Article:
The Internet offers everything from searching to shopping to social networking, but Net users still spend most of their time on plain old content sites, according to a survey from the Online Publishers Association.
In the latest installment from its monthly Internet Activity Index, the OPA reported that Internet users are now spending 42 percent of their time online using content sites, more than any other category. That figure represents a 24 percent jump from 2003 when Net users spent 34 percent of their time on content sites.
Content sites include those that offer news, information, and entertainment, such as NYTimes.com, ESPN.com, MapQuest.com, and Edmunds.com.
Analyzing five different categories--commerce, communications, community, content, and search--the OPA also found that people are gravitating to community sites, such as Facebook and LinkedIn, at the expense of communication sites or software that provide just e-mail or instant messaging.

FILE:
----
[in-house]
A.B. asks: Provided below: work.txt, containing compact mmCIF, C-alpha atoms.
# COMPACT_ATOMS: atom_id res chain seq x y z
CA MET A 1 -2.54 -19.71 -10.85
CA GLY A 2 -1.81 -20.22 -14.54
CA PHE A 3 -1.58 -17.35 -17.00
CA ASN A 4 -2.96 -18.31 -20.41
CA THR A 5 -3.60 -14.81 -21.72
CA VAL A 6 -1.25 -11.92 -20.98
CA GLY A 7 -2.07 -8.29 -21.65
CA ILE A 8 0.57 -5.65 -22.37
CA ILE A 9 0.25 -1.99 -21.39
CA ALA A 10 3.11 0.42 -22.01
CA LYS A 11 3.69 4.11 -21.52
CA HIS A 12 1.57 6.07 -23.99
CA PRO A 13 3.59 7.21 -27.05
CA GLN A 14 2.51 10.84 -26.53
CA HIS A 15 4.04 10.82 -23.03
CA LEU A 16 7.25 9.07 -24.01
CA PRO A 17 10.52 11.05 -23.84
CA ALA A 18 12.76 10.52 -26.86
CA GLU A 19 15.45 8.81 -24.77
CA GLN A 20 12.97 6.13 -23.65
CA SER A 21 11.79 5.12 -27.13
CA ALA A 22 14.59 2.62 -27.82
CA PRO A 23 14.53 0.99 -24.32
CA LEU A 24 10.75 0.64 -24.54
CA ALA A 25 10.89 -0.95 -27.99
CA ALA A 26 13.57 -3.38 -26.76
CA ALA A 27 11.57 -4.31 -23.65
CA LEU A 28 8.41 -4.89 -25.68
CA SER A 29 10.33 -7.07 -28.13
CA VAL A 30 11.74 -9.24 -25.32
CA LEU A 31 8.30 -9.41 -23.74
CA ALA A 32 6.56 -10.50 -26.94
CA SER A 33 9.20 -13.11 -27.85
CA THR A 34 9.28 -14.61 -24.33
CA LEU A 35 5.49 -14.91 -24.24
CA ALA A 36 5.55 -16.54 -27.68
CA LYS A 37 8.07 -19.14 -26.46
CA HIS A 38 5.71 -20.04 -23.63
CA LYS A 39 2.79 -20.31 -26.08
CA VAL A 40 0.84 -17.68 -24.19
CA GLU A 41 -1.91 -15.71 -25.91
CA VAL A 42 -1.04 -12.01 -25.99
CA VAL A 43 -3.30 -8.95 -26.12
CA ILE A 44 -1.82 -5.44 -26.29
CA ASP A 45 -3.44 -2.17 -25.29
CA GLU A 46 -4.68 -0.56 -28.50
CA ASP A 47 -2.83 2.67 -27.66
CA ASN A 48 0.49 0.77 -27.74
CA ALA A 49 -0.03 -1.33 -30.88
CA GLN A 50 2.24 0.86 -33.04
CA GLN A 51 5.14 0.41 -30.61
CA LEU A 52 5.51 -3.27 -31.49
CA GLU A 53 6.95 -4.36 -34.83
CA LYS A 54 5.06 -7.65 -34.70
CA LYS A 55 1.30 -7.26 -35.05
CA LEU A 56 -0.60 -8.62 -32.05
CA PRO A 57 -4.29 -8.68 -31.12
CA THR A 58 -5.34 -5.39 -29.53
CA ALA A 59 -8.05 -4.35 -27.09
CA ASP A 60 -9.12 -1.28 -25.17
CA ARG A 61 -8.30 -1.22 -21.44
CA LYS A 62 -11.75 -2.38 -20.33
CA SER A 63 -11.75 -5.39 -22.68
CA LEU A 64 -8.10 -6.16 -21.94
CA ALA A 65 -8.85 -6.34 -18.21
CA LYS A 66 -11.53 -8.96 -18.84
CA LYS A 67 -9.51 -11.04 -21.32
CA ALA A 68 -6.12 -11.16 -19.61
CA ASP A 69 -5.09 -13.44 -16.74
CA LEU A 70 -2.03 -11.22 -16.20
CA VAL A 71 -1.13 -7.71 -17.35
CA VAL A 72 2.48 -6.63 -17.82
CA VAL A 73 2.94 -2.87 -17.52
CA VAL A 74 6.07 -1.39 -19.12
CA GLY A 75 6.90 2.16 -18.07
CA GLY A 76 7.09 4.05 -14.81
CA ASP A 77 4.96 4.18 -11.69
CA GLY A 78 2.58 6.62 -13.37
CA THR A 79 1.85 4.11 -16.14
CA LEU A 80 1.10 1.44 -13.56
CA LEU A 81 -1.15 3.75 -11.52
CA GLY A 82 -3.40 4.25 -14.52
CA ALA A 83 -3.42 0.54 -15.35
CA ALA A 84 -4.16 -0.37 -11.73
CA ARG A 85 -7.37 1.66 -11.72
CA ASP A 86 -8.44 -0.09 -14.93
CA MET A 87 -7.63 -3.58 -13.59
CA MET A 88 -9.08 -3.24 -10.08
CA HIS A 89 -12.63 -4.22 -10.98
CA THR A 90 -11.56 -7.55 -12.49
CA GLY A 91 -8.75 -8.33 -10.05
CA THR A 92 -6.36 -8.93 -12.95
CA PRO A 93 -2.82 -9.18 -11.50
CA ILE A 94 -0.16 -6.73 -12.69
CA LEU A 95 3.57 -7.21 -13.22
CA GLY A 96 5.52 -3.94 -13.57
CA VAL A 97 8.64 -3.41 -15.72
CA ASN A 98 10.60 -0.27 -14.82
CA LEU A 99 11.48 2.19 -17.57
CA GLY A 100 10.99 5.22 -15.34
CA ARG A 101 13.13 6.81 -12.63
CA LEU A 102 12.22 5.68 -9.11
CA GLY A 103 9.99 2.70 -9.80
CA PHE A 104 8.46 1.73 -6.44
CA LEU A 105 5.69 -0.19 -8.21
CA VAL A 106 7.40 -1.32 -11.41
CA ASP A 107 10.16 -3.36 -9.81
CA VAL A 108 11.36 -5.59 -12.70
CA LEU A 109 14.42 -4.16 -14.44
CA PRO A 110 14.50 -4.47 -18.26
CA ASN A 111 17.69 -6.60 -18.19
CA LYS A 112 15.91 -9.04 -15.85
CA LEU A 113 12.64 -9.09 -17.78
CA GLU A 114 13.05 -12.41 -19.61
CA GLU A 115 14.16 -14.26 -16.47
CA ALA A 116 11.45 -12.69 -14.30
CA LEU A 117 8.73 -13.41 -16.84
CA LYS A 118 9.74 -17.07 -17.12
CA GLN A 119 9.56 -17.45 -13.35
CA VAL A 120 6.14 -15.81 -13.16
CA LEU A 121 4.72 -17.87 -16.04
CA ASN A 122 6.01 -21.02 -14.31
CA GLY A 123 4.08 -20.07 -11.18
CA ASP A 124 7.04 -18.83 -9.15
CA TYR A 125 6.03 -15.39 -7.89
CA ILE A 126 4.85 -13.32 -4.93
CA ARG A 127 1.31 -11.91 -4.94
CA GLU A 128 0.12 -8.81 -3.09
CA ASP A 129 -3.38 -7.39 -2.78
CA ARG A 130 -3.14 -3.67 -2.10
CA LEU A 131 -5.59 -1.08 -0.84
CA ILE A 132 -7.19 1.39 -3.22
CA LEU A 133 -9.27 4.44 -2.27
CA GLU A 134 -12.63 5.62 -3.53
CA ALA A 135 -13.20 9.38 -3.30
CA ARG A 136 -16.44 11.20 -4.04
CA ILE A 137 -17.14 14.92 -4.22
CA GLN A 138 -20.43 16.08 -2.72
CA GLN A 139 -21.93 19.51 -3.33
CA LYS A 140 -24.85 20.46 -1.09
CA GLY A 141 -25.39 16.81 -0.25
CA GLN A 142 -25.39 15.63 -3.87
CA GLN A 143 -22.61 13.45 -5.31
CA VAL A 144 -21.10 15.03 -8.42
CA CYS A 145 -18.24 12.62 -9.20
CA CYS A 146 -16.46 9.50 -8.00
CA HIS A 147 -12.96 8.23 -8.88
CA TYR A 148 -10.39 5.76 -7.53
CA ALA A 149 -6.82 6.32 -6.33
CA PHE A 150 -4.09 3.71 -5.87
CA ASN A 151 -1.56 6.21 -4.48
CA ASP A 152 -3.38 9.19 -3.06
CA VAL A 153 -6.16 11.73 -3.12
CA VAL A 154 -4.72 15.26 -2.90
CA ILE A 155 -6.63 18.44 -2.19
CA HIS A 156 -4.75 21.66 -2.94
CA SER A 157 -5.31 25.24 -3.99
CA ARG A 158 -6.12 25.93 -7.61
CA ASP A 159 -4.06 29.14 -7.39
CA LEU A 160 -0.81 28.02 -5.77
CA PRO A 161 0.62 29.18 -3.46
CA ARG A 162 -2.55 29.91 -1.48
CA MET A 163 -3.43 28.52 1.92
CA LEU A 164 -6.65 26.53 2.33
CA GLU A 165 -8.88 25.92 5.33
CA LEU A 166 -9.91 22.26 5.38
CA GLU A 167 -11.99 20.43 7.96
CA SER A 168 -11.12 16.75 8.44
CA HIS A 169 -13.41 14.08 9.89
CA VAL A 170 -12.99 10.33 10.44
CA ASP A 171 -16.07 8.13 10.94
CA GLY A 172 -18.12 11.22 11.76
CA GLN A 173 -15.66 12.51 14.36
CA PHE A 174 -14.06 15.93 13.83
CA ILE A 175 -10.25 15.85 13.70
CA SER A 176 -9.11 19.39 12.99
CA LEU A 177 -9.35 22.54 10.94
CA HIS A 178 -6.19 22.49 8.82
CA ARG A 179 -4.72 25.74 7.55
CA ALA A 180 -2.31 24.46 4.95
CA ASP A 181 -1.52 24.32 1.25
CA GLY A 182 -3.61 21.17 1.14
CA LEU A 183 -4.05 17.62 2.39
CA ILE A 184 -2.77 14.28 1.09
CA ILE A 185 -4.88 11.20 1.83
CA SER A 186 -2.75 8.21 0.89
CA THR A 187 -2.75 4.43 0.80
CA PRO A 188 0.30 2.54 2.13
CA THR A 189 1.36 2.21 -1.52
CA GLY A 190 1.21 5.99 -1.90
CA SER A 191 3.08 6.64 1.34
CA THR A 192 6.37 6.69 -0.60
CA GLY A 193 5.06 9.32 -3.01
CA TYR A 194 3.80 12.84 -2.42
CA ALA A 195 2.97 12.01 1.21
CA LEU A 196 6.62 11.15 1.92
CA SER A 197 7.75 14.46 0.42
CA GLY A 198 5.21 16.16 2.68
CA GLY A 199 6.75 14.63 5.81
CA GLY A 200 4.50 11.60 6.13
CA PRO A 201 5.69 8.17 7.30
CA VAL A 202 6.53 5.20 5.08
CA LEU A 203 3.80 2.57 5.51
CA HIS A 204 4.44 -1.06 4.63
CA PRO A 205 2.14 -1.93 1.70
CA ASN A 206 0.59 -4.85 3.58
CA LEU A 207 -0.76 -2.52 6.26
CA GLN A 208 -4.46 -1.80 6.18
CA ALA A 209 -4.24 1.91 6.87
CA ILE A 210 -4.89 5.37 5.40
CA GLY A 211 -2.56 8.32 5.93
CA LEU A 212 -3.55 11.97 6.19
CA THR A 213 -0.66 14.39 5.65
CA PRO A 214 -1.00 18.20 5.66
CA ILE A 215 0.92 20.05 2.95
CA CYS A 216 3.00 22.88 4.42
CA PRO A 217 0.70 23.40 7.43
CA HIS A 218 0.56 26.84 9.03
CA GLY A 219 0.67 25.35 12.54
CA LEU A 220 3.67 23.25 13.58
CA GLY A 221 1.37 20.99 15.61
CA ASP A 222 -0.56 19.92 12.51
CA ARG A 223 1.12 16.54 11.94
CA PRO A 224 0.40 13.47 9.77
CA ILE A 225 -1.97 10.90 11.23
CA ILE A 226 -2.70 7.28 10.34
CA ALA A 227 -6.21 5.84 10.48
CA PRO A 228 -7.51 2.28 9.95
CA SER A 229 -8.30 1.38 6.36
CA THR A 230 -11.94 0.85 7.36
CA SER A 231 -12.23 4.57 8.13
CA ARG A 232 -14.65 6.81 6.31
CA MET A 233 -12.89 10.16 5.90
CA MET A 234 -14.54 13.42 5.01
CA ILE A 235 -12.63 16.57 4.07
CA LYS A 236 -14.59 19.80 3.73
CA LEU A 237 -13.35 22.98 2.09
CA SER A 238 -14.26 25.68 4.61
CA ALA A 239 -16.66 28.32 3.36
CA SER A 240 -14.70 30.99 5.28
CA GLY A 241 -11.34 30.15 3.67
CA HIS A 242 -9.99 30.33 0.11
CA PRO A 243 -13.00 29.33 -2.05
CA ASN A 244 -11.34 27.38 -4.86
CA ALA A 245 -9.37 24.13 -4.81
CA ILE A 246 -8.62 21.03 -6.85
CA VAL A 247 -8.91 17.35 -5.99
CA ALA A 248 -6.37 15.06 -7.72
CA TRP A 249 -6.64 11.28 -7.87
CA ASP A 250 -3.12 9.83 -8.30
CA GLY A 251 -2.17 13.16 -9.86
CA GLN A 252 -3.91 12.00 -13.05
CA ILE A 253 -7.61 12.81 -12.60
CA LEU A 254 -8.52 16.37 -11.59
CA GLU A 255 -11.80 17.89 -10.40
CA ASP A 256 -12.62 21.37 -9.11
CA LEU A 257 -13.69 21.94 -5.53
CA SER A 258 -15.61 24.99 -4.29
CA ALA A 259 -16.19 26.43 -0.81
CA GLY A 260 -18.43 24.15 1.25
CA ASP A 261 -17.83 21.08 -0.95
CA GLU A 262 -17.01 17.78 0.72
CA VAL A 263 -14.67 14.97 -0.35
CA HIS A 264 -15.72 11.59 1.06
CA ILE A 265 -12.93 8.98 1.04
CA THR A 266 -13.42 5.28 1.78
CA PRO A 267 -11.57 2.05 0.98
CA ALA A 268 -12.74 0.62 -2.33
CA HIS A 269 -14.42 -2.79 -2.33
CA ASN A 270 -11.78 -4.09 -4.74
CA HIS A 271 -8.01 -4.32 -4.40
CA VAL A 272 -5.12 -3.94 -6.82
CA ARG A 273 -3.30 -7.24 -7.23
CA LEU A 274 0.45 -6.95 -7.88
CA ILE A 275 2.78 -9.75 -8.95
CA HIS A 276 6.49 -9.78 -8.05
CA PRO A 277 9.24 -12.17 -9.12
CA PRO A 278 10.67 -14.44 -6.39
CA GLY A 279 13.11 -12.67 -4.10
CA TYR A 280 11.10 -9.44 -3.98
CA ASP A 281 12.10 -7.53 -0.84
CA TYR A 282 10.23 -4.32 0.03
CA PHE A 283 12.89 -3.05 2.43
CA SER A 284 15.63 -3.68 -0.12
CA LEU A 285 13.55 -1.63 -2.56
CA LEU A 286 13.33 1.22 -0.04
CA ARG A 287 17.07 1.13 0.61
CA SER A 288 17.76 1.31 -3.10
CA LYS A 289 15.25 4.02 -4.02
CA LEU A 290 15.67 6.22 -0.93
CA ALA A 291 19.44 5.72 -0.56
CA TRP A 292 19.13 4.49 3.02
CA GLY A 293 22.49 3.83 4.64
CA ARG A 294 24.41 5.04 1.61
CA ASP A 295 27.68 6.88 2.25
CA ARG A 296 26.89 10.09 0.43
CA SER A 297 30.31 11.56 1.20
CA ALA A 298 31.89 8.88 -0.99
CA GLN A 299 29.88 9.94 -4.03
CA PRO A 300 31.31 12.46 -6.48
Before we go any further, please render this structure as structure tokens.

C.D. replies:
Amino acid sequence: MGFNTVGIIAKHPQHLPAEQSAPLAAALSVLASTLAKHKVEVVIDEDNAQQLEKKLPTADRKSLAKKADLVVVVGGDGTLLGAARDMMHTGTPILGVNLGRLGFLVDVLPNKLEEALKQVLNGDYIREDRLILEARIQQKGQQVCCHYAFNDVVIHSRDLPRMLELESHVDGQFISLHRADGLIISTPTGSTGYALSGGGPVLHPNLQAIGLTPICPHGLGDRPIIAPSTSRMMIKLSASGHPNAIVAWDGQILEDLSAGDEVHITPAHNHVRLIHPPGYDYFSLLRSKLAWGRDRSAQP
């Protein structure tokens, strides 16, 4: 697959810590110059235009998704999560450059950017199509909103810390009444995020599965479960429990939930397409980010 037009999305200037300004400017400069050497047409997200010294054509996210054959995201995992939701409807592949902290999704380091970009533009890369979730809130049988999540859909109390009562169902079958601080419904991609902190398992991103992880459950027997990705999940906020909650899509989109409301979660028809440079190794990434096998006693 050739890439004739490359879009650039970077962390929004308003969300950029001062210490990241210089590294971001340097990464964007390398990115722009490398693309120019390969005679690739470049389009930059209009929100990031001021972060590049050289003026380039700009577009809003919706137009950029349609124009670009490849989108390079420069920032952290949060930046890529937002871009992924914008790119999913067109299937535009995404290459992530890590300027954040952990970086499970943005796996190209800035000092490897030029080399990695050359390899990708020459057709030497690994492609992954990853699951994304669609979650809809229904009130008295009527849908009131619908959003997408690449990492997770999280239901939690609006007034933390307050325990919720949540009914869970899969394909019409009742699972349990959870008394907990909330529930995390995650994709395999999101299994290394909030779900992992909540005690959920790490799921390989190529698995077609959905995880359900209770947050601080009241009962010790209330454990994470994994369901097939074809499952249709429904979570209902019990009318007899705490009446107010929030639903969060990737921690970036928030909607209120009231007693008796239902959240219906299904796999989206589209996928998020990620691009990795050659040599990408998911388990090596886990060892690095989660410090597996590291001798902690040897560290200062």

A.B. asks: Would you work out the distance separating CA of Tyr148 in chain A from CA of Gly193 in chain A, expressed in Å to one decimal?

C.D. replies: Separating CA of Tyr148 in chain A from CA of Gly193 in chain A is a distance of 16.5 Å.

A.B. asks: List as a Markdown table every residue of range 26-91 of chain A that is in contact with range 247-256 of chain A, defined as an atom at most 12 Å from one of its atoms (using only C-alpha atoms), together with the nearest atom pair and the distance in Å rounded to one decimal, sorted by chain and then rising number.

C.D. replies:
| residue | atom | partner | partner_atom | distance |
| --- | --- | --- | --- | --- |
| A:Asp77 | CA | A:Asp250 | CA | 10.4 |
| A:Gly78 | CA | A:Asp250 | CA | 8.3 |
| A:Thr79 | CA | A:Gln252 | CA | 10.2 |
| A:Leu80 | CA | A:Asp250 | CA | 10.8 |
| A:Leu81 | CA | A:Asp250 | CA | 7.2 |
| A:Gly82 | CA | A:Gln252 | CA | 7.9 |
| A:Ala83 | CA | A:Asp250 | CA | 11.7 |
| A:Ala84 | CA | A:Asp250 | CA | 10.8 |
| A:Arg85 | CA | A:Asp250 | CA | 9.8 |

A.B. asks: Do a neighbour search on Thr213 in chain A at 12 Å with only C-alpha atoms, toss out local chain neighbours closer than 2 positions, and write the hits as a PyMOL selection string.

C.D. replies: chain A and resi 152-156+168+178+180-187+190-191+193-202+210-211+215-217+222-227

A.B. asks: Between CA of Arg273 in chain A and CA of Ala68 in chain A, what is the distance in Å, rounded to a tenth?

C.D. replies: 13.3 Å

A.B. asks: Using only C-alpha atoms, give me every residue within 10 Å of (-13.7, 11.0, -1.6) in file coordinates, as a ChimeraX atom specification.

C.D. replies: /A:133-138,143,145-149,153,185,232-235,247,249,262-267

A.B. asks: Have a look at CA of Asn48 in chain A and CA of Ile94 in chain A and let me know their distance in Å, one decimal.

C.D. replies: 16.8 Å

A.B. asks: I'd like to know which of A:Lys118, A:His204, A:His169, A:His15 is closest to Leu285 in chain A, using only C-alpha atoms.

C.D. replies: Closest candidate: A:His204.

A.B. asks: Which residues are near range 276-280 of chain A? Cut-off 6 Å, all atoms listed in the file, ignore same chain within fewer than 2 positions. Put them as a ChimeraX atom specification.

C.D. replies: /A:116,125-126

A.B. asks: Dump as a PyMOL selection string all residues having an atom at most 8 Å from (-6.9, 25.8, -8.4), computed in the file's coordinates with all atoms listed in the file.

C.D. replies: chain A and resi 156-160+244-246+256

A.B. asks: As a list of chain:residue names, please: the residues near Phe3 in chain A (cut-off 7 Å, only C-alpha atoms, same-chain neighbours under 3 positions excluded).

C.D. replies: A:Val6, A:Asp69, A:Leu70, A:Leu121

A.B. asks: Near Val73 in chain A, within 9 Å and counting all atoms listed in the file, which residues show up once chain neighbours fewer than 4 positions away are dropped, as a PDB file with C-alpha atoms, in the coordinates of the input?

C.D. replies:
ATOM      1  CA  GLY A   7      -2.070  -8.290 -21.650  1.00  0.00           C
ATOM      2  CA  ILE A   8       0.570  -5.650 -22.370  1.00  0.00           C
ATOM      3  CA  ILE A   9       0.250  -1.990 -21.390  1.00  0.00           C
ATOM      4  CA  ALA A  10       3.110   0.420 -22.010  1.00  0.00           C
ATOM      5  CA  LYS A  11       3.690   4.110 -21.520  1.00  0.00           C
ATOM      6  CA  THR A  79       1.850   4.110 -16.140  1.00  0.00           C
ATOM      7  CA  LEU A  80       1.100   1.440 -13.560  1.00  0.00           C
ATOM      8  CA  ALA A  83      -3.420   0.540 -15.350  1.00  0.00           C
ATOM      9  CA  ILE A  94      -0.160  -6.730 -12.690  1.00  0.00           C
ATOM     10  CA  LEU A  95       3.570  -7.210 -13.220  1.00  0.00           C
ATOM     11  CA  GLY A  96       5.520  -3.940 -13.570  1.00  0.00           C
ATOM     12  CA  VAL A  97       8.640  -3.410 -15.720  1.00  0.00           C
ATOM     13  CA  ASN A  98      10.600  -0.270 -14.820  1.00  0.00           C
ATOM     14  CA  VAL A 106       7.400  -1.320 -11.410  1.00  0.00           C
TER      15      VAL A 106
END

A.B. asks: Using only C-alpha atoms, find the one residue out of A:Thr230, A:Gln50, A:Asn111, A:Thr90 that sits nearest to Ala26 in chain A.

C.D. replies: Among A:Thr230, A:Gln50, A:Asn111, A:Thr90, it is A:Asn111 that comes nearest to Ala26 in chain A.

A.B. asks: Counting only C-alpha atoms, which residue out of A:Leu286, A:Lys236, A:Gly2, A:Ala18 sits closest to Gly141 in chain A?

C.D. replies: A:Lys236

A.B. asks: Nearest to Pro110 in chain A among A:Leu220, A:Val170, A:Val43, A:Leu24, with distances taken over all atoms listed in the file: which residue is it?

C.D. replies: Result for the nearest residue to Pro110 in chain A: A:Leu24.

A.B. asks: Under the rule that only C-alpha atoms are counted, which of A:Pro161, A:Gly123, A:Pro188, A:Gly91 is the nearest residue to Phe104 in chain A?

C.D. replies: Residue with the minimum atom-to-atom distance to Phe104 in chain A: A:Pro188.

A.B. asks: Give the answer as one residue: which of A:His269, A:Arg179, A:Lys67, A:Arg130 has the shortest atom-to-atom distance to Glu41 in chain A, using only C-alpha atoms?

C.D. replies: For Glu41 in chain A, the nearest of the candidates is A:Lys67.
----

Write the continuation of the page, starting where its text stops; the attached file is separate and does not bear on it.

"In 2008, we introduced the Community category based on the emergence and popularity of sites like Facebook, MySpace and LinkedIn," Pam Horan, president of the OPA, said in a statement. "These new sites have had significant impact on the Communications category, which saw a 41 percent decline, due to the fact consumers are using Community sites where they can conduct these same activities more efficiently."
Among the other categories, people spend 5 percent of their time on search sites, up slightly from 3 percent in 2003, and 13 percent of their time at commerce sites, down from 16 percent five years ago.
The OPA also tracked how much time per month, on average, that people spend in a particular category. Net users will stay almost 7 hours at a content site, around 3 hours at a community site, and just under an hour at a search site.
Launched in 2003, the Internet Activity Index is conducted and compiled by Nielsen Online and posted online each month at the OPA Web site.